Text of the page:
Today I want to take a moment to honor the life of Janika Edmond.
The story below is a hard one, involving mental health, incarceration, and suicide. If those topics are especially challenging for you, please take care as you read this story, or feel free to skip it if that’s most helpful.
Janika Edmond was twenty-five years old. She had a family. She had personal likes and dislikes. She had dreams. She had personhood. She had worth.
But all of this was disregarded on November 2, 2015, the day she died at the Women’s Huron Valley Correctional Facility in Ypsilanti, Michigan.
About a year ago, at march on behalf of Flint, I first heard the name of this prison voiced aloud. Someone mentioned the Women’s Huron Valley Correctional Facility in a list of justice concerns in Michigan. I am ashamed to say this, but at the time, I did not know that this prison was a mere fifteen minute drive from my house. In fact, I live off of the very same street.
But that’s how it often is with prisons.
Out of sight, out of mind.
Out of awareness.
Outside of accountability.
Janika Edmond had mental health concerns, and these were exacerbated during the period of her incarceration. After her arrival in 2013 and before her death, she attempted suicide six times at the Women’s Huron Valley Correctional Facility. Clearly, she continued to need care, but instead, she received disregard, negligence, and a horrific experience of dehumanization.
On November 2, 2015, Janika Edmond was struggling. She approached prison guards and requested a suicide prevention vest, but they did not provide her with one. Instead, corrections employee Dianna Callahan and counselor Kory Moore, took her life in their hands and treated her like an object for their own amusement. Callahan had previously made a bet with Moore as to whether Janika Edmond would become suicidal. When she requested the vest, Callahan said, “Somebody owes me lunch!” and pumped her fist into the air three times. It was all caught on camera.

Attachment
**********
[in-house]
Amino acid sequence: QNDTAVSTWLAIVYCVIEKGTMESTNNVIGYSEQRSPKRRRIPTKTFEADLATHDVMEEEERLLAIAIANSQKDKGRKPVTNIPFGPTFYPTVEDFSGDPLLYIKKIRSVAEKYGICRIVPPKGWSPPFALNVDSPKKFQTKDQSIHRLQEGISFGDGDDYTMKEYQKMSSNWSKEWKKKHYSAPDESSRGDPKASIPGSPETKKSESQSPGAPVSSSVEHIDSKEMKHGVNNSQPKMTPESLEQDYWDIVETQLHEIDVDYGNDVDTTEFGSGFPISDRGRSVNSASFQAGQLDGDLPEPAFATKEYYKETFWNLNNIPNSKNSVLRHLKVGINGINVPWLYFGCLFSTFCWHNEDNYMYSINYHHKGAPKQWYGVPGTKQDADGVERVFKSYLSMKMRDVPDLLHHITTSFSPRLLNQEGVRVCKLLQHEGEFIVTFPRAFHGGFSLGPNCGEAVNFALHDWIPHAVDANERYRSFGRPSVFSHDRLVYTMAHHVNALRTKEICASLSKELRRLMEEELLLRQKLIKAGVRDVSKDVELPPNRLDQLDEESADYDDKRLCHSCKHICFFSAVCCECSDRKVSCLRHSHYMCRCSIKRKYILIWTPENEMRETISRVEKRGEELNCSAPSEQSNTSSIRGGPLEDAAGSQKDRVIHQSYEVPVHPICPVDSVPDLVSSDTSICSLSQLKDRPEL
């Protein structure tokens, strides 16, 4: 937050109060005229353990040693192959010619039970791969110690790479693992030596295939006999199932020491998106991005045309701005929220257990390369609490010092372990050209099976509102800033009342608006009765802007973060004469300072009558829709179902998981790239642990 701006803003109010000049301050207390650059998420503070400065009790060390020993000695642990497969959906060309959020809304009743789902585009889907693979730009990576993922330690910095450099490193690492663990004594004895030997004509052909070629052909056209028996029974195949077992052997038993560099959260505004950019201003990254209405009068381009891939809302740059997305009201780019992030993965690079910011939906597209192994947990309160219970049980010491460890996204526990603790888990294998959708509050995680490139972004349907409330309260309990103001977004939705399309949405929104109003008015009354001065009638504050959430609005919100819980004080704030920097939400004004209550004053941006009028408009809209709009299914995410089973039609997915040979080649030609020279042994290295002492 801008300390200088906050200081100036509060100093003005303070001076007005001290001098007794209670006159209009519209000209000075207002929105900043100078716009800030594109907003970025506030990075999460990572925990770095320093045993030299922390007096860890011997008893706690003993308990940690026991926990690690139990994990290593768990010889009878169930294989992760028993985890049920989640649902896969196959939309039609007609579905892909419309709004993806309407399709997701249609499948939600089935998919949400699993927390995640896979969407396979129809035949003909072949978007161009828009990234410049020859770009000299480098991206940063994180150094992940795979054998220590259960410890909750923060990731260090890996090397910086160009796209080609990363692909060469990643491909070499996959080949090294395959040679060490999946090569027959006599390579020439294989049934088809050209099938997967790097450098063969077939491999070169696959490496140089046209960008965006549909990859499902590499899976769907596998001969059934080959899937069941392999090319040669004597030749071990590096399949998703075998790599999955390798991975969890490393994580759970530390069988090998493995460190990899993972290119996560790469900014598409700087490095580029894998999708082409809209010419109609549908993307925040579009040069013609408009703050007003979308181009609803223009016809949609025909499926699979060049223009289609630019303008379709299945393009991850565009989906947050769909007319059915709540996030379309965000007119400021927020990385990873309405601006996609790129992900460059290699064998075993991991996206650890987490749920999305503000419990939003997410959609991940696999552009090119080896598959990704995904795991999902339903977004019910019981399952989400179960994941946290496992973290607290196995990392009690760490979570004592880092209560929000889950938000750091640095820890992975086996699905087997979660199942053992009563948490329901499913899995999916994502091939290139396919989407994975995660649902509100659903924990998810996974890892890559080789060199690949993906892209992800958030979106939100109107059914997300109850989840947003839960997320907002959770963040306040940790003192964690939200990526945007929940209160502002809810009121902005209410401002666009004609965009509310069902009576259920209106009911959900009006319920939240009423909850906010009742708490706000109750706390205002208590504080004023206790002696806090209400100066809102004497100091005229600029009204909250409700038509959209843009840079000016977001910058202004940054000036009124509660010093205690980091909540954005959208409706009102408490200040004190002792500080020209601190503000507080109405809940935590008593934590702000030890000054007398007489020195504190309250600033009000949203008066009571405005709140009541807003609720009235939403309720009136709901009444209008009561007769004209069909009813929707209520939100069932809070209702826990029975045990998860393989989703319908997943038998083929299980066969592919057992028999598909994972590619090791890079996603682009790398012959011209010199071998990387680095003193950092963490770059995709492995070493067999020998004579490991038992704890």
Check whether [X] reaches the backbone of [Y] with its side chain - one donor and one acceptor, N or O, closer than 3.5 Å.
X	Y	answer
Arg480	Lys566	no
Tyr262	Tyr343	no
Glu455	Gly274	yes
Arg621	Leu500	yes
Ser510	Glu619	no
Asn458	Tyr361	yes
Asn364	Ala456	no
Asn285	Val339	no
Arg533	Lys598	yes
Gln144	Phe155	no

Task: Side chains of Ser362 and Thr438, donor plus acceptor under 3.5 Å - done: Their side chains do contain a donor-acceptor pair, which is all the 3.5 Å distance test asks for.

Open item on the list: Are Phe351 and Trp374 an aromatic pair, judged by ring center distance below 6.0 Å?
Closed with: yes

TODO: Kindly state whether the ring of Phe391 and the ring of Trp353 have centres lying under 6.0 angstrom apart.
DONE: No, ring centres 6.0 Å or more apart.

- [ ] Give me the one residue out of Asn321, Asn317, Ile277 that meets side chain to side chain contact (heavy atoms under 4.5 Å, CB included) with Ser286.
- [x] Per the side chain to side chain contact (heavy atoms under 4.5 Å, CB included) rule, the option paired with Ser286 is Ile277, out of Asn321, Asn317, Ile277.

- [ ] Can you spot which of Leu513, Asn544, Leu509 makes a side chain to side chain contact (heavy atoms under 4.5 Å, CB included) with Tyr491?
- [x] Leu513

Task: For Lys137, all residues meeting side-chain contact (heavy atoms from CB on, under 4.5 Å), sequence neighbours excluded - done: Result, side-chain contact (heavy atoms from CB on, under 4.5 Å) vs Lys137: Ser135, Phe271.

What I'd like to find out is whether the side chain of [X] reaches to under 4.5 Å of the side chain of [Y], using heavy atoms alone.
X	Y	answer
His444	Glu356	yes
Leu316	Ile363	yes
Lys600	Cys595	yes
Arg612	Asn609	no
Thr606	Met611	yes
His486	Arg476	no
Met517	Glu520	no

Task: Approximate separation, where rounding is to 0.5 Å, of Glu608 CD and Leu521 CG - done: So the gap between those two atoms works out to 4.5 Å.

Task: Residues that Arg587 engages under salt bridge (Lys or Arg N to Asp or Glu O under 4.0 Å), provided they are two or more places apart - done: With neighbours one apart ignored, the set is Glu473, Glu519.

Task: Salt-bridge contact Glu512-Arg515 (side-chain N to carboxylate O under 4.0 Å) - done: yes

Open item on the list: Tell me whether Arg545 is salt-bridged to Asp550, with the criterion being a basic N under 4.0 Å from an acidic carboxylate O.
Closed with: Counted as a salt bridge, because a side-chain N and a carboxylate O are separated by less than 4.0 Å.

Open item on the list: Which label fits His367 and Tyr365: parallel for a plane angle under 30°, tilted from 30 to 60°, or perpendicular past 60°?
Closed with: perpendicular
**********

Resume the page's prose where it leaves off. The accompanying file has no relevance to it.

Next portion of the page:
After this, the footage takes an especially frightening turn.
About six or seven minutes after this comment, choking sounds from Janika Edmond can be heard on the footage. Without the aid she requested, and given no supervision or compassionate accompaniment, she completed suicide in the shower.
Callahan and Moore were both fired shortly thereafter. Callahan was then charged with involuntary manslaughter and neglect of duty.
Kory Moore, however — again, a counselor — has been reinstated with the Corrections Department after arbitration.
This story has been back in the news over the last few days as a lawsuit has been brought by Janika Edmond’s aunt, claiming that prison officials additionally engaged in obstruction to keep these details unknown. Warden Anthony Stewart, fourteen current and former corrections officials, and the department as a whole are being charged with violating Janika Edmond’s constitutional rights, the failure to make accomodations under the Americans with Disabilities Act, and the failure to train and supervise.
This is a gross level of negligence, disregard, and dehumanization. And here’s the thing I keep thinking about: This kind of behavior does not emerge overnight. It festers in a particular kind of culture – a breeding ground for abuse.
It makes me wonder how many horrific things are happening right now in a facility largely out of our public eye — indeed, just fifteen minutes from my house.
Janika Edmond is a beloved person with value and worth. She should have received that message and tangible forms of care. Instead, she struggled and died, and her mug shot is the most frequent image chosen to represent her in the news stories.
But Janika Edmond was much more than a mug shot. She was and is a human being.
Let’s keep her in our sight.
Let’s keep accountability in our sight.